An exciting discovery – Sea Shells Far From Shore
By Richard Charan
By Editor, South Bureau
How else could the mind explain, he would say later, all these crystals and sea shells emerging from the ground? And at a place so far from the coast – eight miles at least – past hills and valleys and homes and highways?
A great hiding place, Bob Ramoutar first thought, when his giant excavator unearthed the shells while digging into a hillside in early September.
His discovery while clearing land for a housing development off rural La Cuesa Road, Freeport, has piqued the interest of researchers at the University of the West Indies. A suggestion that the find could have been a shell midden left behind by Trinidad’s early people (similar middens have been found in other parts of Trinidad) was dispelled by Dr Basil Reid, senior lecturer in Archaeology at the Department of History, University of the West Indies, when the massive scale of the find began to emerge.
Shells by the millions, no billions, some resembling what you might see washed up on a tropical beach, others the size of an adult’s hand, none having any business so far from the sea, the layman would think. And mixed up in it all, quartz (rock crystals).
This, Dr Reid said, might be something of interest to his colleague, Dr Brent Wilson, senior lecturer in Paleontology and Sedimentology, Petroleum Geosciences Programme, at UWI’s Department of Chemical Engineering.
Wilson has examined images of the shells found at the site – there are at least five distinct types, and made observations. The discovery, Dr Wilson said, would be sure to excite the Geological Society of Trinidad and Tobago, of which he is an executive committee member.
This is what Dr Wilson reported.
“I concur with Dr. Reid that this is most likely not a man-made shell midden: from the photographs showing the site, the number of shells is small compared to what one would expect in a midden. Also, they appear to be widespread. Instead, this appears to be a community of shells enclosed within a muddy deposit, and probably has a geological rather than an anthropogenic (man-made) origin.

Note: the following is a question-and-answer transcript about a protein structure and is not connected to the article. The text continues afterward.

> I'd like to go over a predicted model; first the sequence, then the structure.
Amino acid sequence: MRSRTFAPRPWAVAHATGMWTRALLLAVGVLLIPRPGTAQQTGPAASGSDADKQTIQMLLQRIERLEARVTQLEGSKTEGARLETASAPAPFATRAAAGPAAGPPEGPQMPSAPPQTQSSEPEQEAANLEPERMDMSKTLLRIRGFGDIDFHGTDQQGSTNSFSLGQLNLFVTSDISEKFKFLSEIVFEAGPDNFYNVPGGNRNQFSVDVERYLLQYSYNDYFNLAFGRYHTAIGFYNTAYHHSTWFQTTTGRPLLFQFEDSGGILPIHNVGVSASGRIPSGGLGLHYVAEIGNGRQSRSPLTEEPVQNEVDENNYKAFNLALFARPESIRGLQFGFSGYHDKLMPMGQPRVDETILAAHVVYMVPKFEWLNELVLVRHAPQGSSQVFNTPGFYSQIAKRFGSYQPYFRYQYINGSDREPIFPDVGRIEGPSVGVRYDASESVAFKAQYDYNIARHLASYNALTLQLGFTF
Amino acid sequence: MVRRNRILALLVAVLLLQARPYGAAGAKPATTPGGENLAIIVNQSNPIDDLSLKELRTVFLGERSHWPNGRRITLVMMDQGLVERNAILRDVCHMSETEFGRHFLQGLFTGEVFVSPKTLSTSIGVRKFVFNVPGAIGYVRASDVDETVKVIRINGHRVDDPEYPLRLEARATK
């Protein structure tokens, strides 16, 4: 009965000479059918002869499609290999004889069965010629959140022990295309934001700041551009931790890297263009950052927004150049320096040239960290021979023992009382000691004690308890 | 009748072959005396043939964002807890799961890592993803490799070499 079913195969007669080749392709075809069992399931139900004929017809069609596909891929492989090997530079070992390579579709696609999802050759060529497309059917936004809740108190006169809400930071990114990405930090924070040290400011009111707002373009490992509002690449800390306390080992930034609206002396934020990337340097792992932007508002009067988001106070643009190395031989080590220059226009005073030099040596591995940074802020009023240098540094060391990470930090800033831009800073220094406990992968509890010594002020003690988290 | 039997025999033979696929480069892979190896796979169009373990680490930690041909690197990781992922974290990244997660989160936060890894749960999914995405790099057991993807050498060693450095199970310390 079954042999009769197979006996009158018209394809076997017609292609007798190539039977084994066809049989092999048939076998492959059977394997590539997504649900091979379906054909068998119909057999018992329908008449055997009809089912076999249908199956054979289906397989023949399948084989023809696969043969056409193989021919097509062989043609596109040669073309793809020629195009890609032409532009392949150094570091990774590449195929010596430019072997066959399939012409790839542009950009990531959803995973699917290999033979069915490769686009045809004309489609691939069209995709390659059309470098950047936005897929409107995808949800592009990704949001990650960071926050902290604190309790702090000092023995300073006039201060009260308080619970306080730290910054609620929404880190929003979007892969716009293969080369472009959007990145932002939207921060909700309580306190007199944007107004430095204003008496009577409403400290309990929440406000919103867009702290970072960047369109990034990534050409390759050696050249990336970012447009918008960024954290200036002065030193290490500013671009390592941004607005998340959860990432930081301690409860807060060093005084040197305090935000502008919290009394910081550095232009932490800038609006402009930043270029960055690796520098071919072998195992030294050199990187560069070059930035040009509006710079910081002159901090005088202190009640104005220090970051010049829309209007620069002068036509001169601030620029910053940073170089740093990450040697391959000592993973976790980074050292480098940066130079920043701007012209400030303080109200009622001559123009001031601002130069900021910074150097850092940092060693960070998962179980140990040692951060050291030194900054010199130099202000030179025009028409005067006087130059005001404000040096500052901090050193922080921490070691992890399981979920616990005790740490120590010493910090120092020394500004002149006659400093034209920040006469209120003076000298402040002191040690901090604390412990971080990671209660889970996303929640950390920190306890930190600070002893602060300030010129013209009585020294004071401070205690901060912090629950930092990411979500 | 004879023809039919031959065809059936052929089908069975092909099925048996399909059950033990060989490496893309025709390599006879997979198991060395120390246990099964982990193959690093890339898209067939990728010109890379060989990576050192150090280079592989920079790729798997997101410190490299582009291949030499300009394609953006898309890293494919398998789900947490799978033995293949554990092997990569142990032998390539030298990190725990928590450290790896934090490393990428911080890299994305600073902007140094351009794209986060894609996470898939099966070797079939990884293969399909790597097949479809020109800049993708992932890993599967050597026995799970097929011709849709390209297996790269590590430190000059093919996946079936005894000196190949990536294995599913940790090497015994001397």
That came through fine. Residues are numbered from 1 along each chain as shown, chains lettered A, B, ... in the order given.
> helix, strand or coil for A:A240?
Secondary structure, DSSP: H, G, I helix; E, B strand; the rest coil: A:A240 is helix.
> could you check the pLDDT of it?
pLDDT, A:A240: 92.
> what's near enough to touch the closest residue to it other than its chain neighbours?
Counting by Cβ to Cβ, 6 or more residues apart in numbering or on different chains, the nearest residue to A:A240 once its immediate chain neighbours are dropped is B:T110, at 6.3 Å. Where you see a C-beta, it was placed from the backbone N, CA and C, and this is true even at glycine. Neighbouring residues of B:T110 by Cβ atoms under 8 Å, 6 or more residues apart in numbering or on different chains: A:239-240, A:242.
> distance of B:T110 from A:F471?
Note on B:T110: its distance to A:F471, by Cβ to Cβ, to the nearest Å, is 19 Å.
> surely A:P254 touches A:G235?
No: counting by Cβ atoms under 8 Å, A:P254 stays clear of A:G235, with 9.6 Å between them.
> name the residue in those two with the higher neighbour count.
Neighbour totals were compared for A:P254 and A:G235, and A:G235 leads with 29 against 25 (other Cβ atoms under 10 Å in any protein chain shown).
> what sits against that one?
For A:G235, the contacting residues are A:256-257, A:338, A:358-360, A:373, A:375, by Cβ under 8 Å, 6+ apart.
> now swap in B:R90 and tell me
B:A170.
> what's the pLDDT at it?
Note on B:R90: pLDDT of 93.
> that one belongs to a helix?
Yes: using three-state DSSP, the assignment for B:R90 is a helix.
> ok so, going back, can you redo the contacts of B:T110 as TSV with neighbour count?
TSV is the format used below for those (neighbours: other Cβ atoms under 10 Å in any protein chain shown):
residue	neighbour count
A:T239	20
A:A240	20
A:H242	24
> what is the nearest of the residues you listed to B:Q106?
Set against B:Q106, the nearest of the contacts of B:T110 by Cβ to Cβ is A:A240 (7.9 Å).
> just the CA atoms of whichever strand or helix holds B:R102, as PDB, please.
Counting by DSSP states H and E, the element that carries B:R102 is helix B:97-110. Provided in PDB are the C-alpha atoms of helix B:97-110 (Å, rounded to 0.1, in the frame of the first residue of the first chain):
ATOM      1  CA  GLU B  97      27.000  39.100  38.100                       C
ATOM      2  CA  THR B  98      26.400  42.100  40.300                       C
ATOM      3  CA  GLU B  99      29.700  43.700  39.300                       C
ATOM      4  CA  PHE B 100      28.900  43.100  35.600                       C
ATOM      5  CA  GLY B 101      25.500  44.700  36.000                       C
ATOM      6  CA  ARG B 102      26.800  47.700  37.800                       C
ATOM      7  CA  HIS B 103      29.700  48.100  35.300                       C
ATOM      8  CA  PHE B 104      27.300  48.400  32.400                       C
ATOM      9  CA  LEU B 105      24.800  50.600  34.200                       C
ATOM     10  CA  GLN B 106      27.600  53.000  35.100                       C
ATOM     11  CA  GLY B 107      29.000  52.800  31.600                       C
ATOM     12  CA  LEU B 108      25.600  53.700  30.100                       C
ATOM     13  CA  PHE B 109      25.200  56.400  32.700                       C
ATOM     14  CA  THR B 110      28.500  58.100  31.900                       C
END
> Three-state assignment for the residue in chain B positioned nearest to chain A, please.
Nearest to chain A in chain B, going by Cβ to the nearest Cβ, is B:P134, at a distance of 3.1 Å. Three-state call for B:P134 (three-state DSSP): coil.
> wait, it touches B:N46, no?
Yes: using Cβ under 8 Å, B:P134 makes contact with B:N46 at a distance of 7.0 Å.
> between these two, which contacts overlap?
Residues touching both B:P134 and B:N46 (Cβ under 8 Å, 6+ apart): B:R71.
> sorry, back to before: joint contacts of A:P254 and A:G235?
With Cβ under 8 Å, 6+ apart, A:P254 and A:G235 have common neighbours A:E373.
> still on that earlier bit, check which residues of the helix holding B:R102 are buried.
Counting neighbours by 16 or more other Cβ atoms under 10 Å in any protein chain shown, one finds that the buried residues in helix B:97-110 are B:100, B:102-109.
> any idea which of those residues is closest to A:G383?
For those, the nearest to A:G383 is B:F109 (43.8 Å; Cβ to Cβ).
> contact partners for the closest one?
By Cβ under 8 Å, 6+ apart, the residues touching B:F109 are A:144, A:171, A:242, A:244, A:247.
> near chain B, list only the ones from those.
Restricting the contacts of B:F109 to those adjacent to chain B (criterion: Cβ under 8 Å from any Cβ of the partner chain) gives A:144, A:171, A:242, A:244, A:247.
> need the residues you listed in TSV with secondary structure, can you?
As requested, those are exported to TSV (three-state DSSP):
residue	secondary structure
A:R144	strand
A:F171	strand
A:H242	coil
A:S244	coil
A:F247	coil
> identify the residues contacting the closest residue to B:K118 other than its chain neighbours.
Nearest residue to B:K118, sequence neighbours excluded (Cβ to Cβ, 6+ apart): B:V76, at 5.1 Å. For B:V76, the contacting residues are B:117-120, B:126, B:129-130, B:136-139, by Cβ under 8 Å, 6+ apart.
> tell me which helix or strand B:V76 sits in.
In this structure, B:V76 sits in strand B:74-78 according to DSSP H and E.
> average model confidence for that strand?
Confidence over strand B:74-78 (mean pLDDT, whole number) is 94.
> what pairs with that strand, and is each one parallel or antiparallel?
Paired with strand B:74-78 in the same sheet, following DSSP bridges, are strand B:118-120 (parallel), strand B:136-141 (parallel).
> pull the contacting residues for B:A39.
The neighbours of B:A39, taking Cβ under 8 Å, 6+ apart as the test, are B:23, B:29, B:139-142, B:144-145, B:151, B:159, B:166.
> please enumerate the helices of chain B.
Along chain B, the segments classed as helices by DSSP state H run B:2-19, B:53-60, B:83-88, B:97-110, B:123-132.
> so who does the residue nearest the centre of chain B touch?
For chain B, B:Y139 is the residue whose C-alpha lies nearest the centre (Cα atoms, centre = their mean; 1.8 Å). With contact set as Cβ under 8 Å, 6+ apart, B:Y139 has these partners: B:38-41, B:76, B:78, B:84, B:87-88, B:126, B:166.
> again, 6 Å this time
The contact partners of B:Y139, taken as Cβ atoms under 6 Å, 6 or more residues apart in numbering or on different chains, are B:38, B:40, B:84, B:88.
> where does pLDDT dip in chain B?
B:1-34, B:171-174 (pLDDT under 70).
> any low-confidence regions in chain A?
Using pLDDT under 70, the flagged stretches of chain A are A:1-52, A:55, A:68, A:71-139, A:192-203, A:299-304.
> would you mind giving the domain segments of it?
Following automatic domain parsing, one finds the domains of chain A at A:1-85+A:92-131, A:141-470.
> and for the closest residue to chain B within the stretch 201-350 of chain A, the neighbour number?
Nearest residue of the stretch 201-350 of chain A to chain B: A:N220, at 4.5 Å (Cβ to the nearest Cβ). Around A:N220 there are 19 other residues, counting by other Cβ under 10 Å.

The shells themselves are thick and heavy, one being an oyster. Many show a heavy ornament of ribs. Such molluscs typically live in shallow water, where the thick shells protect the creatures from damage during heavy seas. The ribs also confer strength and stability to the shells, a bit like steel added to the framework of a building (when the contractors remember put it in, that is!)
I would hesitate to give an age for these shells, other than to say that they do not look old in a geological sense (i.e., we may be talking thousands rather than millions of years). I shall assume that this is so. Sea level has not been constant throughout geological time, but has gone up and down as ice caps at the poles have alternatively melted and grown. At times when the ice caps are particularly small, sea levels will be high, the melt water being released into the oceans. Perhaps, then, the shells mark a time when sea level worldwide was higher than it is at present.
There is an alternative explanation: Trinidad is in an area where two of the world’s few crustal, tectonic plates meet. Southern Trinidad lies on the South American plate, while northern Trinidad lies on the Caribbean plate. (There’s a thing few realise: drive from Port of Spain to San Fernando and you go from the Caribbean to South America, the actual point of passing from one to the other not being far north of the Forres Park Flyover.)
Plate boundaries are characterised by tectonic activity — a fancy term for earthquakes. These occur as the plates rub together, producing uplift such as had formed the Northern and Central Ranges. The earthquakes can be very powerful and destructive to lives and property. (It was earlier this year suggested that Trinidad has enough stress stored within the Central Range to produce a magnitude 7 earthquake. Unfortunately, we cannot say when it will take place.)
Perhaps, then, the shells mark a period of one or more major earthquakes, when a section of the seafloor was uplifted, bringing the shells with it.
It might be suggested that the shells were transported inland during a tsunami associated with an earthquake. However, this is highly unlikely. Tsunamis (and storm surges associated with hurricanes) are not capable of transporting such large shells far. Instead, the material they would wash inland is fine sand and microscopic shells just a few millimetres across”.
Bob Ramoutar intends preserving the site to allow researchers time to conduct a study.